I haven’t been “skinny” since I was a small child struggling with asthma in the 80s and early 90s. I don’t come from a family of petite people. No one will ever accuse me of being “too thin.” My weight is something I have dealt with my entire adult life. It’s something I am constantly battling. And, for me, it is a fight worth having because I am a mother of eight children.
Obesity has real health risks
I know the damage of obesity on the body and I don’t want it. People with obesity are ten times more likely to have Type 2 diabetes, which can lead to host of other problems like heart disease, stroke, kidney disease, and blindness, to name a few. Being overweight and obese can lead cause cardiovascular disease, liver disease, bone and joint damage. You get it. Being obese is never, and will never, be a definition of stellar health.
I don’t want the long-term effects of carrying dozens and dozens of extra pounds on my body for years and years. I don’t want my heart to work twice as hard as it has to. I don’t want to suffer from any of these obesity-related illnesses. So, as hard and difficult as it is to fight this battle, I will continue to fight. It’s tough. Anyone who has struggled with their weight can testify that losing weight and keeping it off is a monumental challenge. We live in a culture that celebrates with food – and I like good food. So, I do what I can to be healthy so I can be there to see my kids grow up and get old with my husband. I work out, I try to eat healthier, I mess up, I jump back on the train and I just keep going.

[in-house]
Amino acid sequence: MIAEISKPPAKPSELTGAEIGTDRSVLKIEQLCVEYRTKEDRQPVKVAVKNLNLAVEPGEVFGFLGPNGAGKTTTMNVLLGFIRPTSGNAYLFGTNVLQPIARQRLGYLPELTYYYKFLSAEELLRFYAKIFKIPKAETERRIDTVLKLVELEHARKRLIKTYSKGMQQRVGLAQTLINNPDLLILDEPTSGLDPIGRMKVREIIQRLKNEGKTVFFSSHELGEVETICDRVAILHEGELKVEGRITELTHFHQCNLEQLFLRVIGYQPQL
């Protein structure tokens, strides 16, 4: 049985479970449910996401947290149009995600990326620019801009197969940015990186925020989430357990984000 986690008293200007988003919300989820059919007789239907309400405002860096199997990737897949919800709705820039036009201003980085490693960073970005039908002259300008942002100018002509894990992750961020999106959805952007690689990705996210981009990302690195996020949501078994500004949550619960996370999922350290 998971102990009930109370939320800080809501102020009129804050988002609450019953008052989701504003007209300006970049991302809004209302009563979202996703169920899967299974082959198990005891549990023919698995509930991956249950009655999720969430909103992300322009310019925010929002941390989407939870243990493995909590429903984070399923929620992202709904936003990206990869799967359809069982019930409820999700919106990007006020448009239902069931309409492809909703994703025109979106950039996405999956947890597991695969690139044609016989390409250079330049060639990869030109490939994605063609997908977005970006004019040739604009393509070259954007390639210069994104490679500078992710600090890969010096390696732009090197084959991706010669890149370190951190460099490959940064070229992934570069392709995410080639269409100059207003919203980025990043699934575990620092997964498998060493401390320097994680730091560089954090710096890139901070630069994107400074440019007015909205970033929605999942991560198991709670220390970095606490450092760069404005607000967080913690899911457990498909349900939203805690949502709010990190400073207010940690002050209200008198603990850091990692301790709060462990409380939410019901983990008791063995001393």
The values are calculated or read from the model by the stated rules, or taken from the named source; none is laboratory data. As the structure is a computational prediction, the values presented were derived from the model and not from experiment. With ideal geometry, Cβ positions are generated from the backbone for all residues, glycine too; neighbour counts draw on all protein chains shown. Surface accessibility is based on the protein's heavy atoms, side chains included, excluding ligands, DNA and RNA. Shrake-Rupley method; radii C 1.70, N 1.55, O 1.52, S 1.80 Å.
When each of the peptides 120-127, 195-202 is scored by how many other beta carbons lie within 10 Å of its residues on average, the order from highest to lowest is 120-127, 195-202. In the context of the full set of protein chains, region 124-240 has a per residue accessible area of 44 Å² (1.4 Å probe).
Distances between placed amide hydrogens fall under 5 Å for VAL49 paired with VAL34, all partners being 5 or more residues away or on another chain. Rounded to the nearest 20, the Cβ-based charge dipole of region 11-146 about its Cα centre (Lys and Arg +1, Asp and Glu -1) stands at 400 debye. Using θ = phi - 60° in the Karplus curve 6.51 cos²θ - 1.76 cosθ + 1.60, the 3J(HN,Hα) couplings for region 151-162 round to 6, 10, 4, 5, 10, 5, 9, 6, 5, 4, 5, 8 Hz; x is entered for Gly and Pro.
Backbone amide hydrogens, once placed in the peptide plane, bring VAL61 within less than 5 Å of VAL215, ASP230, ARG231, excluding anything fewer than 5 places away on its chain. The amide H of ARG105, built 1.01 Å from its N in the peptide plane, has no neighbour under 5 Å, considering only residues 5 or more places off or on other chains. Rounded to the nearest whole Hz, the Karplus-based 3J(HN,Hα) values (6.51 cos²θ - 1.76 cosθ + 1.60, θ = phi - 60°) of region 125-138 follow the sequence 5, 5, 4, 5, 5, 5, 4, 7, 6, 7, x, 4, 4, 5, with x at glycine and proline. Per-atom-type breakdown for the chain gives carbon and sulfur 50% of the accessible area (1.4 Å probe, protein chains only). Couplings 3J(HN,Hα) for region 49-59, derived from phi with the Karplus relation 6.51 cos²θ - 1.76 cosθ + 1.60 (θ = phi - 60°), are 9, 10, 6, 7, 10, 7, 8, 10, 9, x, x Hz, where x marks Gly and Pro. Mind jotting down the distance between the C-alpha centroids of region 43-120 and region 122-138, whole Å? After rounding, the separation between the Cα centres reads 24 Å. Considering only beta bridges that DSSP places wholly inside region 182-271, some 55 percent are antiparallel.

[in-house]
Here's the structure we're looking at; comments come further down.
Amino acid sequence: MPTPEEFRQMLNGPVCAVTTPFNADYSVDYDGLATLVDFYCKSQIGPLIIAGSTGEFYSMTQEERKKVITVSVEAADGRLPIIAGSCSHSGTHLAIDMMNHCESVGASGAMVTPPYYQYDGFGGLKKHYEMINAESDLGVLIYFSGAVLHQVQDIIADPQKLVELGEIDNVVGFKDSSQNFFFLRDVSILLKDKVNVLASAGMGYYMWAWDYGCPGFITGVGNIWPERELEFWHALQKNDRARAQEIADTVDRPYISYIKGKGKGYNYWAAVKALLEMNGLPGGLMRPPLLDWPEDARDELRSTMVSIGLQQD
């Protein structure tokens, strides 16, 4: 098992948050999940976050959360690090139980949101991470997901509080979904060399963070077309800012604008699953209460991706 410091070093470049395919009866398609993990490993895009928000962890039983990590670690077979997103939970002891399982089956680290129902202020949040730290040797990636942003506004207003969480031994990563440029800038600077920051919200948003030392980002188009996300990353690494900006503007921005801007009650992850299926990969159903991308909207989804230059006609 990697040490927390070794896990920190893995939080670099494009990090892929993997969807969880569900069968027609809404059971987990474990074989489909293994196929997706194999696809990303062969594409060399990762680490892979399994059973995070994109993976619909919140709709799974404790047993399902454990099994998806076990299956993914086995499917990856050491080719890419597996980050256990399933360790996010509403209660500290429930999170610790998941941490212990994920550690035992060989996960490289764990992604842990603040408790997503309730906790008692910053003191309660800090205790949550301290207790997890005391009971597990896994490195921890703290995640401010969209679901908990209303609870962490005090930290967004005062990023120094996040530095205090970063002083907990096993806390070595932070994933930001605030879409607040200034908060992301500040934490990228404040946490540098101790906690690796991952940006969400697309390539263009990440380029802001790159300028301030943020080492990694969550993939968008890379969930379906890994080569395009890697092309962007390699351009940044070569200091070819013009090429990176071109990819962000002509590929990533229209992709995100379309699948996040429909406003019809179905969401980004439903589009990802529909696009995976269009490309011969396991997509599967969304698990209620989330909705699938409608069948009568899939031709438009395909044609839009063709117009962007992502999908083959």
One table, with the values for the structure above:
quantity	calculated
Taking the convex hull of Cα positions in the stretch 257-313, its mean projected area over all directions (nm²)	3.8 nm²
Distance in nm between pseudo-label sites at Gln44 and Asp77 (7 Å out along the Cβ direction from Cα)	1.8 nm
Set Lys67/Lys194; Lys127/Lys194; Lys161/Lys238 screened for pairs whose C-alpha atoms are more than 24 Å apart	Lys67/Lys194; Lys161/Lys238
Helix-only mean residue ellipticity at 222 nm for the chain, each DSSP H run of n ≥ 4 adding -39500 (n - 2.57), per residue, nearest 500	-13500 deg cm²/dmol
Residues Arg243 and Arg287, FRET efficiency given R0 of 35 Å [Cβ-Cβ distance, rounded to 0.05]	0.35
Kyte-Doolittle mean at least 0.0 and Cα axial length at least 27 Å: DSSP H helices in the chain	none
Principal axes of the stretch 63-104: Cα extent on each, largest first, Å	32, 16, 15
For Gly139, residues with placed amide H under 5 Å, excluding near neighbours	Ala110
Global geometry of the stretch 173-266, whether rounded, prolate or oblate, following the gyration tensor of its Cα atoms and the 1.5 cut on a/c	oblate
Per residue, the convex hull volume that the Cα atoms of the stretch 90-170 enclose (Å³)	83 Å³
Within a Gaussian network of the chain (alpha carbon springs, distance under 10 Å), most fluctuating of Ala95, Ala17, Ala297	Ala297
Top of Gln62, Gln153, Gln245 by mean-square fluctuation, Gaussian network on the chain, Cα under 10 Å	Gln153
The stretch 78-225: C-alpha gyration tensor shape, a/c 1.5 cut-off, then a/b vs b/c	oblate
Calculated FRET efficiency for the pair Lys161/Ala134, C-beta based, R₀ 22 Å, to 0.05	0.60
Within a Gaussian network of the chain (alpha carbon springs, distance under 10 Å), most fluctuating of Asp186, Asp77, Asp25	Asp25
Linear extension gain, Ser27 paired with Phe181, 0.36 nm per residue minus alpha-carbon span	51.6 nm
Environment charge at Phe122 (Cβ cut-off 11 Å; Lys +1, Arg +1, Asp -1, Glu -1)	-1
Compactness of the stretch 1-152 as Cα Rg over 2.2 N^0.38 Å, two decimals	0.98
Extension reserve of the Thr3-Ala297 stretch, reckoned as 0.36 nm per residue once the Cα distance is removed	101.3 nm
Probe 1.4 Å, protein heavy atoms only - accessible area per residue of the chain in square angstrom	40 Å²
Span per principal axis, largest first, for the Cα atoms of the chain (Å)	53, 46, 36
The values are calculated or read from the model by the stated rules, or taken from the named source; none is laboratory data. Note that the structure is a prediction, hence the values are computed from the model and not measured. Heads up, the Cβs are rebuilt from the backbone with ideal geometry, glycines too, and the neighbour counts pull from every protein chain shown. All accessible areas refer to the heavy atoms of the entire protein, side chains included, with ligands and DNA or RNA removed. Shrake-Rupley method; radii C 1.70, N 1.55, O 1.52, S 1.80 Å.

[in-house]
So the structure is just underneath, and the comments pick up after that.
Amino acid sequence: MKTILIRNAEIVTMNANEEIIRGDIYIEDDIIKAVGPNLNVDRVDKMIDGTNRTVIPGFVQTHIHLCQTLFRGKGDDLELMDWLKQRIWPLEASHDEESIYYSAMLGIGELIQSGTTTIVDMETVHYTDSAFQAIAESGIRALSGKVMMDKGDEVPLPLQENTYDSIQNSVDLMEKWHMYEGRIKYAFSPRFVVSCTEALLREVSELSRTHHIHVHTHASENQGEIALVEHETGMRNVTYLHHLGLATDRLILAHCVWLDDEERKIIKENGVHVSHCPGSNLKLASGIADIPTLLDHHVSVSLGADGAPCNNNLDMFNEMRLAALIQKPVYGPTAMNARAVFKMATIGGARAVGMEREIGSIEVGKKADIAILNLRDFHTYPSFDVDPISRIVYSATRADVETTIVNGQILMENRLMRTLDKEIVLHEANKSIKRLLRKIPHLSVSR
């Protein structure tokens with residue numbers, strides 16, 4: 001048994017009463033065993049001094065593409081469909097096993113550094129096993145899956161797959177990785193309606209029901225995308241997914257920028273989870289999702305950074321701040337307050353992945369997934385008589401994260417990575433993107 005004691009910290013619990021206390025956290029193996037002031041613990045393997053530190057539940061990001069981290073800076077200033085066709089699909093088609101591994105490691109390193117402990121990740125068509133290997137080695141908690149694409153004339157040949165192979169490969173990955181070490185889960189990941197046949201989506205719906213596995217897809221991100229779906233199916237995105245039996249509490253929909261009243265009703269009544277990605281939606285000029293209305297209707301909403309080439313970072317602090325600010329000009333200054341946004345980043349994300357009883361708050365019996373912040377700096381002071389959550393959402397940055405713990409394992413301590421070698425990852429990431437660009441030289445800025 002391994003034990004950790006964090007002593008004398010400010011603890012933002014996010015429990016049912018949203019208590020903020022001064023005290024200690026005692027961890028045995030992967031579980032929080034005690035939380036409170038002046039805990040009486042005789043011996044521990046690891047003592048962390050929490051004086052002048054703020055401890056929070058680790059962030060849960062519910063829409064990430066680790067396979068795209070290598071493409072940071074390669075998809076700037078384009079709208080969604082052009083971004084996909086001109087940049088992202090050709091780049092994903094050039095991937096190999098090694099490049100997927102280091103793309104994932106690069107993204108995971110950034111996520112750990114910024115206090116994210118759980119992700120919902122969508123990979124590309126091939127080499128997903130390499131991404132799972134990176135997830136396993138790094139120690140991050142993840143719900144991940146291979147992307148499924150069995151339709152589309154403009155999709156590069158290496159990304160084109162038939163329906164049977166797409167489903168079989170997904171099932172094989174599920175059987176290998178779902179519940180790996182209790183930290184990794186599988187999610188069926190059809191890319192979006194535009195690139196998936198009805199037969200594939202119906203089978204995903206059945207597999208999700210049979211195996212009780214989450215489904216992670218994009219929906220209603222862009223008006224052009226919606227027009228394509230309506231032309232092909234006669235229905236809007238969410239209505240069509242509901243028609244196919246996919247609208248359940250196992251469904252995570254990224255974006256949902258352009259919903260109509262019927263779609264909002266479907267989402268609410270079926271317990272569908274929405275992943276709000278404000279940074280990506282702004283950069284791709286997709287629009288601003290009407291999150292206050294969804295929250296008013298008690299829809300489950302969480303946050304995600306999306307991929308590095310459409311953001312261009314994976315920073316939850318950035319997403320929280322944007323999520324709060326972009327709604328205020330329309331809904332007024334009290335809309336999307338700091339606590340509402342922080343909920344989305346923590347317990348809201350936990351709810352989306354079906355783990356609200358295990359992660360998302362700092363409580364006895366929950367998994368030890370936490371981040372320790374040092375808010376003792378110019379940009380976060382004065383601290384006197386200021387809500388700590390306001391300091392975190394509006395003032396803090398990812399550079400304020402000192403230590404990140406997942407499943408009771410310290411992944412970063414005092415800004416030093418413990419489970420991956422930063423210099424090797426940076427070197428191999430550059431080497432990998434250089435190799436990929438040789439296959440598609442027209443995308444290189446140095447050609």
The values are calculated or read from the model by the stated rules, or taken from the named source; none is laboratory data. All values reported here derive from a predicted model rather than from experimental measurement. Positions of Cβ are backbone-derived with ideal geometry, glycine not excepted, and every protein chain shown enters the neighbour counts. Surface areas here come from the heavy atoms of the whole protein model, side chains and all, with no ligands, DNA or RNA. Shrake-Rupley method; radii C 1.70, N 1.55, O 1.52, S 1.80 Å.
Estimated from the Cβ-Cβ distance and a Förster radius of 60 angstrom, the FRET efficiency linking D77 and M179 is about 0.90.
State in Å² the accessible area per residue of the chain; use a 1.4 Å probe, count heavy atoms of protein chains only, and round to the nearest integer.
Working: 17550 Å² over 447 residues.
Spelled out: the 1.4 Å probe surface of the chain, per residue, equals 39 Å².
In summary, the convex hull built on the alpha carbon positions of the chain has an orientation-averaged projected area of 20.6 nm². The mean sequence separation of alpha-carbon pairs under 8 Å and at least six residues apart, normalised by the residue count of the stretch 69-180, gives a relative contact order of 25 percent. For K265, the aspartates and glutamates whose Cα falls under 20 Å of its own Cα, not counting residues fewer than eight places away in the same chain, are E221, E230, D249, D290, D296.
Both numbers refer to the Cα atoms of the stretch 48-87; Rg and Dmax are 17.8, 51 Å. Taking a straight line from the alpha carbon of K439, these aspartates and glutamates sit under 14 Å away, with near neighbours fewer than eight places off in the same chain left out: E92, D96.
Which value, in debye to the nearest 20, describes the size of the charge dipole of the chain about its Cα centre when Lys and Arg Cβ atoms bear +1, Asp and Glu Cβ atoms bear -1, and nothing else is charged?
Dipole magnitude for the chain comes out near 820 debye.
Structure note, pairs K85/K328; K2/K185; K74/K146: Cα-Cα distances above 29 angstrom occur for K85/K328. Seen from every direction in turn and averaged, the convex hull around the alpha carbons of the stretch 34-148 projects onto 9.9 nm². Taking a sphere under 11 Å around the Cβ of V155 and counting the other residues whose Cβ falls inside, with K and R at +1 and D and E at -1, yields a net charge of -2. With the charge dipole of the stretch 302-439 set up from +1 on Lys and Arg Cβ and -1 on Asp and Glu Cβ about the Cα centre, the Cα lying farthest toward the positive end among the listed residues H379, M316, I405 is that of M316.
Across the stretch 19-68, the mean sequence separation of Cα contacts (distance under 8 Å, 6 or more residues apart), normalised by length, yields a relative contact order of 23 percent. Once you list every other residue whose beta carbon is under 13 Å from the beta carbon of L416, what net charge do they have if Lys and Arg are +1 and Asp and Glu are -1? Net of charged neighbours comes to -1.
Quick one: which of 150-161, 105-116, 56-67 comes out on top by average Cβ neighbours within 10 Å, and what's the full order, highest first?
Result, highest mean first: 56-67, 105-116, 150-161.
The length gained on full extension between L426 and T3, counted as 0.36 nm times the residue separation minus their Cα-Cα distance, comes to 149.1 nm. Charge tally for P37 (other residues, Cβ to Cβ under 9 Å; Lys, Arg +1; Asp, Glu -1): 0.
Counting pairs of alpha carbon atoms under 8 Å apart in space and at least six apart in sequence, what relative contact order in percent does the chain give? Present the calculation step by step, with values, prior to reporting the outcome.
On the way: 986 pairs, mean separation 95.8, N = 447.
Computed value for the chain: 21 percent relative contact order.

One thing I never do, not matter how tempting, is just throw caution to the wind and say, “Ah, just forget it!” That will never be an option for me. Why? Because my health matters. What I show my kids matters. Parents know kids miss nothing. They see what we do, what we eat, how we take care of ourselves – or our failure to do so.
Obesity never looks ‘healthy’
Unfortunately, we are living a lie with the current “body positivity” movement and we are greatly harming our young people.
Recently, Cosmopolitan magazine put out an issue with two morbidly obese women on the cover, stating “This is healthy.” This is a lie.
Obesity is the second leading cause of preventable death and raises individuals’ risk to complications from COVID-19.
I’m sorry, this is not healthy. @Cosmopolitan pic.twitter.com/U8R0THaiiz
— Tristan Justice (@JusticeTristan) January 4, 2021